Neonatal Jaundice is not an uncommon condition, approximately 2% - 6% of affected neonates require treatment  . Over the past few decades, phototherapy is the treatment of choice for neonatal hyperbilirubinemia, beside intravenous immune globulin (IVIG) and exchange transfusion. Phototherapy prevents the bilirubin to touch the extremely high levels in turn, preventing kernicterus (encephalopathy due to high levels of bilirubin)   .
The mechanism of action of phototherapy is that it converts the unconjugated bilirubin from polar and neurotoxic Z-Z-bilirubin to the more polar form known as photobilirubin. This transformed photobilirubin consists of configurational Z-E and E-Z-bilirubin isomers and structural E-Z and E-E-lumirubin isomers    . These transformed isomers are easy to excrete in both bile without undergoing conjugation and in urine as well  . The fact that the mechanism of phototherapy induced transformation occurs predominantly either intravascularly or extravascularly, is under a great debate but the majority favors the idea of intravascular phototherapy induced transformation  .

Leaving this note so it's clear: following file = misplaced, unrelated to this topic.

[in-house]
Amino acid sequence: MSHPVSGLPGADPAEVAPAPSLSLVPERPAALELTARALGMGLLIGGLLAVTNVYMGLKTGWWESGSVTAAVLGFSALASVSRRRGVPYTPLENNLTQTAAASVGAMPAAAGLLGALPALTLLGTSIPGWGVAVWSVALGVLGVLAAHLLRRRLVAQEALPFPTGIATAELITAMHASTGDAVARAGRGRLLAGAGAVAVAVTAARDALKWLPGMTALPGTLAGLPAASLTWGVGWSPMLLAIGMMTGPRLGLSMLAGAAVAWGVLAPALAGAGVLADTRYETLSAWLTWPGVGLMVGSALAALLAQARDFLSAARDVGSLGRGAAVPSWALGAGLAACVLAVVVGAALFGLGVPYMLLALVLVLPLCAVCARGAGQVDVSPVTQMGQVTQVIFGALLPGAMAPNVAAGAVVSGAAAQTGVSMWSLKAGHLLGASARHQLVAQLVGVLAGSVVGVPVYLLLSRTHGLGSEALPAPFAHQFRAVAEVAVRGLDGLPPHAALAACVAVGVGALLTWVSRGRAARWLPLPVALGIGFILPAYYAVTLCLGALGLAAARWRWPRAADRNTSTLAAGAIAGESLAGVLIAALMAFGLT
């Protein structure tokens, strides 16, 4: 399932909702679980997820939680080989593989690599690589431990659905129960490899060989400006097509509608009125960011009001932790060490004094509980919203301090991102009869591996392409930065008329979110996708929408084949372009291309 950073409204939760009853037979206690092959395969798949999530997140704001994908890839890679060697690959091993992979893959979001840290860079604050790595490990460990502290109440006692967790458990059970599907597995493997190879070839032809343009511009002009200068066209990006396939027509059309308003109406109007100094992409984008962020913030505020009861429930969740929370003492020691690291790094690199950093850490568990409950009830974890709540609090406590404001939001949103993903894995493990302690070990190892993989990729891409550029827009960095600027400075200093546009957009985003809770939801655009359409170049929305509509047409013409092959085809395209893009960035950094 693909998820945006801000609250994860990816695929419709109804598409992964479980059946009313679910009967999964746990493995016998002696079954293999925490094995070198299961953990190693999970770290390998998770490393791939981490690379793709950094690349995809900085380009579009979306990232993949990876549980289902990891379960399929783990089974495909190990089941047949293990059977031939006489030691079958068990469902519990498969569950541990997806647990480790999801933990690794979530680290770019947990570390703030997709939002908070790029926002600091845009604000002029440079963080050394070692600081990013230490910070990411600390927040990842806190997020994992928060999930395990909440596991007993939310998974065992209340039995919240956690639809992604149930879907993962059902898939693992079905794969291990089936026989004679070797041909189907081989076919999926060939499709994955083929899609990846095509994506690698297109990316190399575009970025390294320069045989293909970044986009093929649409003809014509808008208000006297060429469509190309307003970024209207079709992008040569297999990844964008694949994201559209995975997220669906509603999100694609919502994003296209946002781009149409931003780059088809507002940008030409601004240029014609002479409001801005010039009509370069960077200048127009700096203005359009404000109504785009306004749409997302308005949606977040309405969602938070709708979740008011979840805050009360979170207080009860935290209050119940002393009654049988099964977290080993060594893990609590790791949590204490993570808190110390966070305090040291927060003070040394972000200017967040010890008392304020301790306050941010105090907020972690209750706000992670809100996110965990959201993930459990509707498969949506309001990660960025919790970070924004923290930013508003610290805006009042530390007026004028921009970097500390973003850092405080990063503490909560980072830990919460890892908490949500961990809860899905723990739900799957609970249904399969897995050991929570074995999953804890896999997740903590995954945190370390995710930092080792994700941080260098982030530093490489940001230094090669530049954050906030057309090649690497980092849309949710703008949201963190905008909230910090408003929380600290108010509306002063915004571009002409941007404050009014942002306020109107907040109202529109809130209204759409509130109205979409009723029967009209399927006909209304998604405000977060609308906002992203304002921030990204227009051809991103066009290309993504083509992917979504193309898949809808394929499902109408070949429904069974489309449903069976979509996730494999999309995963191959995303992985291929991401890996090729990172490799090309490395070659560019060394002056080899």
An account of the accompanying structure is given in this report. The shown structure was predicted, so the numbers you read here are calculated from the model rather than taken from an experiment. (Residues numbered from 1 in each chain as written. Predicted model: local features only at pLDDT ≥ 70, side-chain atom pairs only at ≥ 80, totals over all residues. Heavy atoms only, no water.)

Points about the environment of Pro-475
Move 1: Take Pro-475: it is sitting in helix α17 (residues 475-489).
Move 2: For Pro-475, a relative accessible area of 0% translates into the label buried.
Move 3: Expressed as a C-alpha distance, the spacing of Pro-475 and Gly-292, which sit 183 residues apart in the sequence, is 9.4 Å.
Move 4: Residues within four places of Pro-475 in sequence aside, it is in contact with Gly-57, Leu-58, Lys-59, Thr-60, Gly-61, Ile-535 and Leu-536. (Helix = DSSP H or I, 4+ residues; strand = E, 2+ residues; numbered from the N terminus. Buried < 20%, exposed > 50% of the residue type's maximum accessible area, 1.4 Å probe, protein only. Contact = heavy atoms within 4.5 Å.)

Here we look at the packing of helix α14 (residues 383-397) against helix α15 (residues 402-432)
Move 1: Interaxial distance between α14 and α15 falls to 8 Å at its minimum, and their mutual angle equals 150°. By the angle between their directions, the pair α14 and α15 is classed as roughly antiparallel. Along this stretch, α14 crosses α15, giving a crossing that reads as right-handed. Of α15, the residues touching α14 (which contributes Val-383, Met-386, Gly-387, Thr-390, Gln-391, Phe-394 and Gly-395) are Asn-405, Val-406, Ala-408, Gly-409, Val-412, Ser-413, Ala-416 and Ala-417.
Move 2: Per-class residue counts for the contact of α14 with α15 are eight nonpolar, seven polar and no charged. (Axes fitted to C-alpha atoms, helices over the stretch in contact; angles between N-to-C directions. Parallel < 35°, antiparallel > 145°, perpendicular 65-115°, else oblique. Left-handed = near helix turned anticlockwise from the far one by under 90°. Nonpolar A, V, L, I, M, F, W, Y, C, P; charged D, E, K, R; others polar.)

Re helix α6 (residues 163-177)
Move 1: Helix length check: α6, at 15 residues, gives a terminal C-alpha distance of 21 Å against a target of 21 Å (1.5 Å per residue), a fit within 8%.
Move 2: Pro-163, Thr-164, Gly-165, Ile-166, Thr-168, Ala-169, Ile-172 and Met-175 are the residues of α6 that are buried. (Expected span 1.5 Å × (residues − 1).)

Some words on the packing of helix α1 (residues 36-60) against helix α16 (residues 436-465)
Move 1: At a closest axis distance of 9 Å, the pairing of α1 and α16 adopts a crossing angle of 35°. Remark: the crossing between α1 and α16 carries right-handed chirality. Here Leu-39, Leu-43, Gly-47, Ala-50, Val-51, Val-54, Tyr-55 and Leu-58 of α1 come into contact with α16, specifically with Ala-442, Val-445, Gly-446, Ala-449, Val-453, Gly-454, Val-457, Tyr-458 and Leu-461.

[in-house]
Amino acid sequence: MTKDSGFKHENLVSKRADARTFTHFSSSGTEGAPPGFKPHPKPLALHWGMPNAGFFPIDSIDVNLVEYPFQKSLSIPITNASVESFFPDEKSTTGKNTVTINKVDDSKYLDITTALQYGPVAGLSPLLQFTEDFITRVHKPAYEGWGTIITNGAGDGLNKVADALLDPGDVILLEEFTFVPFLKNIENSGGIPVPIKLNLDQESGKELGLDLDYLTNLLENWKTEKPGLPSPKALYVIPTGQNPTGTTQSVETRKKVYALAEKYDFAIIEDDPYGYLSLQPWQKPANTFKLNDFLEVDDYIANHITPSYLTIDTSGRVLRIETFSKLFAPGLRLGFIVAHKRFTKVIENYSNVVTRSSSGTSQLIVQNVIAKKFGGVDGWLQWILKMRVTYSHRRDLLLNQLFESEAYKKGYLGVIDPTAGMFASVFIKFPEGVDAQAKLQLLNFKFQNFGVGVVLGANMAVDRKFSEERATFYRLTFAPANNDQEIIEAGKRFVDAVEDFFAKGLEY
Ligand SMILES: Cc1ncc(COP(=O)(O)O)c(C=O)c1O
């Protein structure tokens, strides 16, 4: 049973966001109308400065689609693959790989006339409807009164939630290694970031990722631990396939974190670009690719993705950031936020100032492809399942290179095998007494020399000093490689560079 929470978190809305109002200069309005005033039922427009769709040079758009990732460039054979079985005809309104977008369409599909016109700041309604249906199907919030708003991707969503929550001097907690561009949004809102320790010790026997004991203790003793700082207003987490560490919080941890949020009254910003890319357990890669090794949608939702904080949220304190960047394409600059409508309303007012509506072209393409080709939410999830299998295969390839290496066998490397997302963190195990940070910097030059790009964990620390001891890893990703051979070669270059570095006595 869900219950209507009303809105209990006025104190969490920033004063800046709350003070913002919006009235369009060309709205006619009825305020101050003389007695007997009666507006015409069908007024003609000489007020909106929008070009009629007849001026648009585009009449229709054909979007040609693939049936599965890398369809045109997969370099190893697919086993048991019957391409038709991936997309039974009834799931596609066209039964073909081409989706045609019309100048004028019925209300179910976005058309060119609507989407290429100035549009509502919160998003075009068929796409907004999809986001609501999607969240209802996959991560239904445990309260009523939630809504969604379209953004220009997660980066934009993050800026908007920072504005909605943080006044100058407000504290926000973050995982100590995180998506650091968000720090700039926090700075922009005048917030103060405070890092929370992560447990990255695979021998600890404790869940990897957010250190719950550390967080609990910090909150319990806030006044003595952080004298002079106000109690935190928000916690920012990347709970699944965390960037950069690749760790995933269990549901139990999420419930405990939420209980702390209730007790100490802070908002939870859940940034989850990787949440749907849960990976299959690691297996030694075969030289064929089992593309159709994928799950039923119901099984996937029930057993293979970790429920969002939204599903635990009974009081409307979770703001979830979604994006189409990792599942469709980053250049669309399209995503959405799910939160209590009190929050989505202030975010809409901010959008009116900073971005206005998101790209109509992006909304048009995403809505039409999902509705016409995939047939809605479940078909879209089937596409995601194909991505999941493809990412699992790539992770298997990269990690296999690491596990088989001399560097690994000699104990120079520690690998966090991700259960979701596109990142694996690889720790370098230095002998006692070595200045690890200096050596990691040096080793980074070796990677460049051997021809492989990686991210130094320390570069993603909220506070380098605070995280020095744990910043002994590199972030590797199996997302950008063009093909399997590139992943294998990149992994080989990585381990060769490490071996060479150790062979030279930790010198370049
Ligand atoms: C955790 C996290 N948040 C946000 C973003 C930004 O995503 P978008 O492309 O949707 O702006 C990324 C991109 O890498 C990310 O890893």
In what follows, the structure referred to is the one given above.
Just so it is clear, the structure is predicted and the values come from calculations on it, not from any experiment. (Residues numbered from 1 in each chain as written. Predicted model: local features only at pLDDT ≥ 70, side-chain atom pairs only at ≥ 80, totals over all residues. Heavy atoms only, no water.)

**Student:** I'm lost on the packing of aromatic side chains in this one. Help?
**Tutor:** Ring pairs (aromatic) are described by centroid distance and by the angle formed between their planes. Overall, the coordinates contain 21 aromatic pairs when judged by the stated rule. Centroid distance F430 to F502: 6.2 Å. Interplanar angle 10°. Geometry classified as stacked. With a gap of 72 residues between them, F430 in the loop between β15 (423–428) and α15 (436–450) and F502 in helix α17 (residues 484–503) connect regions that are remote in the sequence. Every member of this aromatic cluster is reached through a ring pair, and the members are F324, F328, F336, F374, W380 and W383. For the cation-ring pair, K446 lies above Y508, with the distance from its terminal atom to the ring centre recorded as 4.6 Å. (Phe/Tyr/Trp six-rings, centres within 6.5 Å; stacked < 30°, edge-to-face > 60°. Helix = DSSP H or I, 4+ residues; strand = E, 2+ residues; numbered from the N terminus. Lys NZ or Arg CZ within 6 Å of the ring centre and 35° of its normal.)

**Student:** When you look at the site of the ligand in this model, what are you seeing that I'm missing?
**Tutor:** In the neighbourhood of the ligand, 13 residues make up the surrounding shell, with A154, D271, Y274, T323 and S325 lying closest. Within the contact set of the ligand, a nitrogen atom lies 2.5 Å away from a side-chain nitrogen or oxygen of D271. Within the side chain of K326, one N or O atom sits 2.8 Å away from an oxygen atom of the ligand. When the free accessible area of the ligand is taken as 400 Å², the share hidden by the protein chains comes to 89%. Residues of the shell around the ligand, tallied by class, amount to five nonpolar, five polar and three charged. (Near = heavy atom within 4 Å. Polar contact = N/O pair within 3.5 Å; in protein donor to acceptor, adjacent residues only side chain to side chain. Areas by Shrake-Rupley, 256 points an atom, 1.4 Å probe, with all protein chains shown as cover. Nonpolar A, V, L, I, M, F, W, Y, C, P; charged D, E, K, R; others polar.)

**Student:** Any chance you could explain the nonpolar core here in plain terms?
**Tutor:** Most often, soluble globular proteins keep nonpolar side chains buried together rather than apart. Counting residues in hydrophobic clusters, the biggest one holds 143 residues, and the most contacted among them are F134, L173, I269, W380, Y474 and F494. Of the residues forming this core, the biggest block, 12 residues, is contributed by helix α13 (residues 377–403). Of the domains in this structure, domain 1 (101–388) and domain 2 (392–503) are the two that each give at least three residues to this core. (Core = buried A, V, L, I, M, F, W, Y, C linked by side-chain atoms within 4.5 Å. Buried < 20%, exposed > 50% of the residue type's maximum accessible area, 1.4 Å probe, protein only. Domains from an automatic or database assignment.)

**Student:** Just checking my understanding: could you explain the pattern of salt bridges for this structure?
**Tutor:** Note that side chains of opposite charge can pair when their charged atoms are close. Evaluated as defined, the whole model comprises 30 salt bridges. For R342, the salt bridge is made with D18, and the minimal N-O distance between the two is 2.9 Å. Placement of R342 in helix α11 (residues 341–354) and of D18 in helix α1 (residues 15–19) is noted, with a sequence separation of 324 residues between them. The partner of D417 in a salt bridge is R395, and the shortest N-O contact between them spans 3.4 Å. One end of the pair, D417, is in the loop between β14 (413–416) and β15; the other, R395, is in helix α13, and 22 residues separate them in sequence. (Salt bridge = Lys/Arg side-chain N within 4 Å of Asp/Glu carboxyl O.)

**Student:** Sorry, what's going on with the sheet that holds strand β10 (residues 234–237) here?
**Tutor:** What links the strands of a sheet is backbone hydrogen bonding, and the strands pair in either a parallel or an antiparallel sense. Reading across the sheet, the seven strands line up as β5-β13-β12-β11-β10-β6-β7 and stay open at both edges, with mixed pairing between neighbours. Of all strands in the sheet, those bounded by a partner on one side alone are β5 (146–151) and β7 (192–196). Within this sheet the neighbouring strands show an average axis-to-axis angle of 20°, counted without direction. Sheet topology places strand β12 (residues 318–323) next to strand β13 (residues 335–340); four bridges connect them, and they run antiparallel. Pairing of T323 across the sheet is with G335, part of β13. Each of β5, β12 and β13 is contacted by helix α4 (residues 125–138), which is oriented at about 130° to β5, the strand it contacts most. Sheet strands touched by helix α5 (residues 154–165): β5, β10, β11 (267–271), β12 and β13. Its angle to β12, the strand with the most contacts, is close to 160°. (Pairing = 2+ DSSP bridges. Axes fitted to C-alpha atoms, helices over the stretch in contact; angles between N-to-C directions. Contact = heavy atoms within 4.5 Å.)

In vitro number of studies reported that hemoglobin competes the bilirubin for absorbing light during phototherapy    as the erythrocytes do not have nuclei or other cellular organelles so act as the main light absorber   . It has been hypothesized that high level of hemoglobin or hematocrit interfered in the effectiveness of phototherapy and only one of the studies confirmed it in vivo  . It is very important to confirm this hypothesis in our clinical setting so that one can understand the underlying basic mechanism going-on in phototherapy and to suggest a treatment strategy in neonatal hyperbilirubinemia. The objective of the current study is to find out the association of hemoglobin/hematocrit to change in total serum bilirubin concentration during phototherapy. The hypothesis is that the increase in hemoglobin concentration reduces the efficacy of phototherapy.